Canadian individuals and businesses are learning that Canada is not keeping up with other nations in the battle against cyber crime. Recognition of specific weaknesses in Canada’s approach to fighting cyber crime should alert the nation’s businesses to the need for implementing cyber security measures to protect valuable data and confidential customer information.
Why Cyber Security Is Critical for Protecting Businesses
The Global Risks 2016 report published by the World Economic Forum lists cyber attacks as the leading concern for doing business in North America. The report explains that efforts to detect and disrupt cyber attacks are challenging because the perpetrators constantly change their methods of executing these attacks. The two key cyber security threats to businesses are system sabotage and data security breaches. Sabotage can involve denial of service attacks, causing a business’ web server to choke on bogus messages. Data security breaches can involve the theft of personal information and other confidential client information, such as trade secrets. If a business does not take adequate precautions to protect client information, customers might not return, and important clients could take their business to a competing company. Data security breaches can impair the cash flow of a business, damage its reputation, expose the company to lawsuits, and attract the scrutiny of regulatory agencies.
Protecting Customers’ Private Data
Cyber security is important for protecting your customers’ private data because of the variety of constantly changing schemes targeting businesses. In addition to hackers from the outside, other criminals attempting to obtain your customers’ private data can include insiders or disloyal employees attempting to sell such data for personal gain. A number of fraudulent email scams involve deceptive communications that appear to have been sent by another official within the targeted company. These emails often request client names and account numbers. Among the important legal initiatives affecting businesses in the battle against cyber crime is the Digital Privacy Act. This requires businesses to report data breaches to the Privacy Commissioner and to the affected individuals or businesses as quickly as possible.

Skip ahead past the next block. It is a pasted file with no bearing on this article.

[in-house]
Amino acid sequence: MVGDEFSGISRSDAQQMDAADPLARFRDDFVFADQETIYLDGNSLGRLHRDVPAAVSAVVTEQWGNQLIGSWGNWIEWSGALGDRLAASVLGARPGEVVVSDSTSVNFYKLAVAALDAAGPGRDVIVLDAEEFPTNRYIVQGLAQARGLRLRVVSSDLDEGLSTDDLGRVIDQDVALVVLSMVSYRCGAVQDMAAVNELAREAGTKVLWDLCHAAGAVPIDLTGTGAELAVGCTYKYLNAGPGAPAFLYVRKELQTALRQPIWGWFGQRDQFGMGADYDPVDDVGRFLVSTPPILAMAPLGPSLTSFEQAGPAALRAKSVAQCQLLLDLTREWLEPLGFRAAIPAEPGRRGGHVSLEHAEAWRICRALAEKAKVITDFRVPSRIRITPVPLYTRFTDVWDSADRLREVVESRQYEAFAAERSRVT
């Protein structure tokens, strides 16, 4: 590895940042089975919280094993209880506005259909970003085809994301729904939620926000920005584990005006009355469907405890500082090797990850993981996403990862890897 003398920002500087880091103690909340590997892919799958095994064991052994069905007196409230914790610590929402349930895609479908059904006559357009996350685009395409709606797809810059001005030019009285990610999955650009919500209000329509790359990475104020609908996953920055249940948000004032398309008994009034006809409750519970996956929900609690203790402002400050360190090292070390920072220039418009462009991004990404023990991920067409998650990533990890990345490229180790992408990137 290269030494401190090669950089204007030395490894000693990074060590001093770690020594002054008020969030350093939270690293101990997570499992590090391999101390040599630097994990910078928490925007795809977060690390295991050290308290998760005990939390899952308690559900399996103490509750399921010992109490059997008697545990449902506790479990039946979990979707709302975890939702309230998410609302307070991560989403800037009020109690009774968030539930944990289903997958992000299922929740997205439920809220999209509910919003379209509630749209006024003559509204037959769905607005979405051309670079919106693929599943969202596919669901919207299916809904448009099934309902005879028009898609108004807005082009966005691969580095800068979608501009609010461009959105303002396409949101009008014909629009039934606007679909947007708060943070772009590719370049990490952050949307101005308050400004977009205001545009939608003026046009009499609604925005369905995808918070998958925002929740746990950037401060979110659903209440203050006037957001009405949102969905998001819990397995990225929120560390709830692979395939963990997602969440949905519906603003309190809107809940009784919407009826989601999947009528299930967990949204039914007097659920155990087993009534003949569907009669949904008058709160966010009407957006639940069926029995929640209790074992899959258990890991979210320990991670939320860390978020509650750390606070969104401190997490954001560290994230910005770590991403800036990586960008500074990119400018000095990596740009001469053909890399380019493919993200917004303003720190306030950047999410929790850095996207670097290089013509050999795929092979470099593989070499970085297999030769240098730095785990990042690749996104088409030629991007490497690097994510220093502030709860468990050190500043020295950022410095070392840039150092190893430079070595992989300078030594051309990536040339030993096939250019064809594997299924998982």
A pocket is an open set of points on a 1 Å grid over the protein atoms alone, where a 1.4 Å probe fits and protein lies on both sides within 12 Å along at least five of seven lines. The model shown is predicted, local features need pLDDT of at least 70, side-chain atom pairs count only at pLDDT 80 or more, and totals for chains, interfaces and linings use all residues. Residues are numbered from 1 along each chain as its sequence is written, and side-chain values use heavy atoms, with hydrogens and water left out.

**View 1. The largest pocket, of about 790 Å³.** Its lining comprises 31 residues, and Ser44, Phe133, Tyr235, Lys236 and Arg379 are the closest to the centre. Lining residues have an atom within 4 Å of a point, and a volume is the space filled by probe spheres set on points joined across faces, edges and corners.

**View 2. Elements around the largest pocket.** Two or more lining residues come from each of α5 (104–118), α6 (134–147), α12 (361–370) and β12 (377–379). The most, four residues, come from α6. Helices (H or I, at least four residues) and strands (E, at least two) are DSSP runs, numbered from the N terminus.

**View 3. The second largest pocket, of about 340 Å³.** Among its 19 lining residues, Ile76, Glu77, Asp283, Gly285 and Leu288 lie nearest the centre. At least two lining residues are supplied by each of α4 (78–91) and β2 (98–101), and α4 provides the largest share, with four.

Hacking the Computers of Business Owners
Although many business owners believe their businesses are too small to attract the interest of cyber criminals, the use of malware makes it easy to launch attacks on enormous numbers of computers. Some schemes involve the use of websites that direct a computer’s web browser to install harmful malware. Spam emails often contain viruses that install keyloggers to track everything a user enters on the keyboard. Ransomware is virus software, which makes data on the victim’s computer unavailable until that person pays a ransom. Some ransomware scams obtain payments by demanding the victim purchase a Green Dot MoneyPak card for a specific amount. The perpetrators direct the victim to enter the card number in a designated space on a website or email. Using a cloud-based platform, such as QuickBooks Online accounting software helps business owners avoid threats resulting from the use of malware. Daily virus scans and data backups keep your data more safe. The Government of Canada provides an information page on protecting your business with links to several websites offering resources for operating a cyber safe business.